Tuesday, November 10, 2009

Finding the IRMA Advocate Within - at Oxford!

“Hey, this is something I can do!”

by Jerome Galea, IRMA Steering Committee Member

I’d like to share with the IRMA readership a recent experience I had that I hope inspires others to do the same: give a public presentation on Rectal Microbicides (RM) describing what they are and why we need them.  As Jim Pickett will attest I was pretty nervous about the proposition but with lots of support from IRMA as well as friends who sat through my “dress rehearsal” the day before, I learned that I actually know lots about the topic and can make a decent show of it…which means probably most people reading this could, as well.

A bit of background – I’m studying in London and through some colleagues was asked if I’d be willing to present at a seminar series on evidence based interventions at the Department of Social Policy and Social work at Oxford (!) University.  The invitation happened months ago and I said “sure” without thinking much about it.  But as the day grew nearer and I saw all of the other speakers in the lineup (all PhDs and lots of professors, neither of which I am) I started to panic.

I tried to get out of it but the convener encouraged me to do it saying basically that “a degree doesn’t guarantee you know what you’re speaking on; if you know it, you know it!”

So, the first person I called was Jim Pickett – I knew he’d be able to point me in the right direction and provide support and even materials that I could adapt to my audience.  In this case it was a group of masters and PhD students from varied backgrounds but all interested in learning more about RM.

When I talked to Jim, we discussed what IRMA materials I could use but also how I could personalize the presentation with my particular interests (e.g., RM in Latin America).  In this way I had a solid foundation of time-tested materials to work from to which I could merge in my personal style and interests to come up with something that was unique.

When I started the presentation (which is available on the IRMA website, “No Butts About It – Rectal Microbicides and HIV Prevention” -  blatantly plagiarizing  Jim’s presentations) the first thing I asked of the 50 or so attendees was how many had heard of microbicides and to my surprise about three-quarters had.  Working from that base was great since people already had an idea that such a product was under development, but admittedly most had heard only of vaginal microbicides.

Working from the IRMA materials, I first presented an overview of HIV/AIDS in the world; talked about the “tool box” of prevention interventions and where microbicides fit in; showed how microbicides work and discussed current studies underway; talked about anal sex as a human behavior and then focused in on my interest in Latin America.  I capped-off the talk with a call to advocacy, inviting the audience to take part in IRMA by visiting our website, joining a conference call or taking part in a more formal way.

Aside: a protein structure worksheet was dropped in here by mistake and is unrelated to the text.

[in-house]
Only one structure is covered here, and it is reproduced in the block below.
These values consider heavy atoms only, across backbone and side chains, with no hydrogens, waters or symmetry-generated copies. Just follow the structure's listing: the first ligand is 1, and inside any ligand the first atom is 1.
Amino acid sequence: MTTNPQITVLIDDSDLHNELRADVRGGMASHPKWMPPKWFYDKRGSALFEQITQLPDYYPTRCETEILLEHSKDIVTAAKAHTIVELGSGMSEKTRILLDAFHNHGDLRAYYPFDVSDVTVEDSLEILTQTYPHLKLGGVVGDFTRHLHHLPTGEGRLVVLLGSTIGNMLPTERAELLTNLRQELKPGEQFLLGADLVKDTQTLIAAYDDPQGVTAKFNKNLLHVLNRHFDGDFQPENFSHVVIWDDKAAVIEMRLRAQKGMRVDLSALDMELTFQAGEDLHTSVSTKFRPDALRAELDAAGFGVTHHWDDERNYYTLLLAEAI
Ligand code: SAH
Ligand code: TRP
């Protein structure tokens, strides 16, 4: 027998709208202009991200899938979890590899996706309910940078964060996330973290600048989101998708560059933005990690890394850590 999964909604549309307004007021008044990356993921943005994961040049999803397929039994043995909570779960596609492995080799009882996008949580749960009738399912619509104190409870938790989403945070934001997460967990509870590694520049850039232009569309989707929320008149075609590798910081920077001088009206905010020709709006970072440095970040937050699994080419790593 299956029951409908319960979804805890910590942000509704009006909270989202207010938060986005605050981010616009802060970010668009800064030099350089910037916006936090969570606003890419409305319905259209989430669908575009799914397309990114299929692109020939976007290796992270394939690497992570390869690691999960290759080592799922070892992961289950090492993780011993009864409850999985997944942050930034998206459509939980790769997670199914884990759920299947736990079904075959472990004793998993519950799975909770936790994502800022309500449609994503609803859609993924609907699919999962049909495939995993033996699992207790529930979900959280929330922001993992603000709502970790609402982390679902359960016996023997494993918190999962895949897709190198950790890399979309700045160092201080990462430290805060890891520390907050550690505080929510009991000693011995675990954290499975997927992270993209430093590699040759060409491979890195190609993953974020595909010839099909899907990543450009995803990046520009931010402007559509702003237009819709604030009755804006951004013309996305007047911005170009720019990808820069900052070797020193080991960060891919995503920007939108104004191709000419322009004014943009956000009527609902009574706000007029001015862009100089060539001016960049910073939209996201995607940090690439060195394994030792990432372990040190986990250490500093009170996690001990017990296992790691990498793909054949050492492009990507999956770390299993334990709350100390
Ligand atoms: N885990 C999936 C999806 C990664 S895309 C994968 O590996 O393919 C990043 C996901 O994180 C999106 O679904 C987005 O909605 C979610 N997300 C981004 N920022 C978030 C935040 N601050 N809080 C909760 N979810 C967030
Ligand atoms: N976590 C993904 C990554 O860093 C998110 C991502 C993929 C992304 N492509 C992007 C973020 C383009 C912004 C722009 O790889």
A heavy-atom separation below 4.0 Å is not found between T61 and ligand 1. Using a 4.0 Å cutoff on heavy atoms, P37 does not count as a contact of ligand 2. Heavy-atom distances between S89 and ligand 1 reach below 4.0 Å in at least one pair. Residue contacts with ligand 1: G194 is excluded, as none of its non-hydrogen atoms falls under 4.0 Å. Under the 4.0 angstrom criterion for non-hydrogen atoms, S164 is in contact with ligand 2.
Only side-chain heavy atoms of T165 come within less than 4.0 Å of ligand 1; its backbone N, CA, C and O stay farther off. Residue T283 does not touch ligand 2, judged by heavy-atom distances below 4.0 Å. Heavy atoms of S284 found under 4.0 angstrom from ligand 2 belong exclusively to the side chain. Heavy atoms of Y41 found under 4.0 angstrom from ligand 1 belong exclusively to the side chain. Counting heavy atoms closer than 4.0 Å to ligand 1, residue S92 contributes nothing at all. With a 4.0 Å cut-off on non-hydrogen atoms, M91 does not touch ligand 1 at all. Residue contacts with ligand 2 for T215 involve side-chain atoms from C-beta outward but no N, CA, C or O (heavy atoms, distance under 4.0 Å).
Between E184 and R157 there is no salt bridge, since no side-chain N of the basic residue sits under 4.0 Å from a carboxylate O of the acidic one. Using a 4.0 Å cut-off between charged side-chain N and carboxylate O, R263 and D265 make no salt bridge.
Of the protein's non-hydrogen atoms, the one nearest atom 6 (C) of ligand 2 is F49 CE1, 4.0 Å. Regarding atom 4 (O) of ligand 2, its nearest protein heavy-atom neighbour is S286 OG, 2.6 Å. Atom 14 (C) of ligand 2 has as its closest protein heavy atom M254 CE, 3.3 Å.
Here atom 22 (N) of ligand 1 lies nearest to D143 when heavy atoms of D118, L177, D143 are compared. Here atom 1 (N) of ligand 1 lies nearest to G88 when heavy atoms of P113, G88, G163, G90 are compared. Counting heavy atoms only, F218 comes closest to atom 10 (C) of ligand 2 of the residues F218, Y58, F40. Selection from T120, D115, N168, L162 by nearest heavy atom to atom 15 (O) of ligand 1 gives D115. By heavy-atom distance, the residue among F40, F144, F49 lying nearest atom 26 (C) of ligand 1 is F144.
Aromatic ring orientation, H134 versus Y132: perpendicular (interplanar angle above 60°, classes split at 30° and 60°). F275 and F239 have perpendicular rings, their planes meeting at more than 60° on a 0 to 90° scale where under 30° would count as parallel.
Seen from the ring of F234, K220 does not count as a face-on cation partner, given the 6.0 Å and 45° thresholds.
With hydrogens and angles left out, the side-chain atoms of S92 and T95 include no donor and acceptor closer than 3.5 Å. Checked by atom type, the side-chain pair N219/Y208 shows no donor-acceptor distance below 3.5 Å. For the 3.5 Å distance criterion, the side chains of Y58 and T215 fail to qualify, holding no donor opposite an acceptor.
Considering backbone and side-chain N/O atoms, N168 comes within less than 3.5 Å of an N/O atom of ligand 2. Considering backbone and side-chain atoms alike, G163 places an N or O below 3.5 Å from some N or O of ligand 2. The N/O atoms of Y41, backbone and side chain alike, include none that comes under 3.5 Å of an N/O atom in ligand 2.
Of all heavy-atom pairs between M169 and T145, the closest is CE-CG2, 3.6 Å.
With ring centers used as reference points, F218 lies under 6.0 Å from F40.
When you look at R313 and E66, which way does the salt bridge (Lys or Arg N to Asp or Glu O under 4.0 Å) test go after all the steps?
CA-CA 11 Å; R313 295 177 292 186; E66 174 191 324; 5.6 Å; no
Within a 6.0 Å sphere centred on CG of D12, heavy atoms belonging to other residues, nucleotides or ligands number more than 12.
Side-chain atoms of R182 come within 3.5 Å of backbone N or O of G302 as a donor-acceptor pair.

To my surprise no one fell asleep (well, one guy dozed…but it was late in the afternoon and the room was stuffy) and afterwards there were about 30 minutes of lively dialogue.  Some questions had to do with what the microbicide field should do in terms of acceptability work, making reference to the struggles other interventions have had in being fully accepted (e.g. the Female Condom). Another person, working in the area of medical history, wondered why RM research lagged behind vaginal microbicides and there was discussion of how homophobia may shape scientific discovery.

All-in-all, once I got into the presentation, I felt like “Hey, this is something I can do!” which leads me to the last thing I’ll say: being part of IRMA implies speaking up in each of our own ways about RM.  If you have the opportunity to speak, no matter how informally, give it a go!  Lots of organizations (community centers, universities, professional societies) are looking for people to give chats on a range of topics.

One thing I learned is that just the title itself – “Rectal Microbicides” – raises eyebrows and piques interest.  With IRMA’s excellent library of resources, you can easily put together a professional presentation with slides  that are up-to-date and easy to explain.  So, give it a go; there’s an advocate in all of us!

[IRMA references]

Community Presentations
Teleconference Materials
IRMA-Specific Materials(e.g. our reports)
Other Published Materials

We are always happy to help!

1 comment:

Marc-André LeBlanc said...

Inspirational, Jerry! That's a great presentation. someone's experience will be highlighted in the next IRMA report! :)

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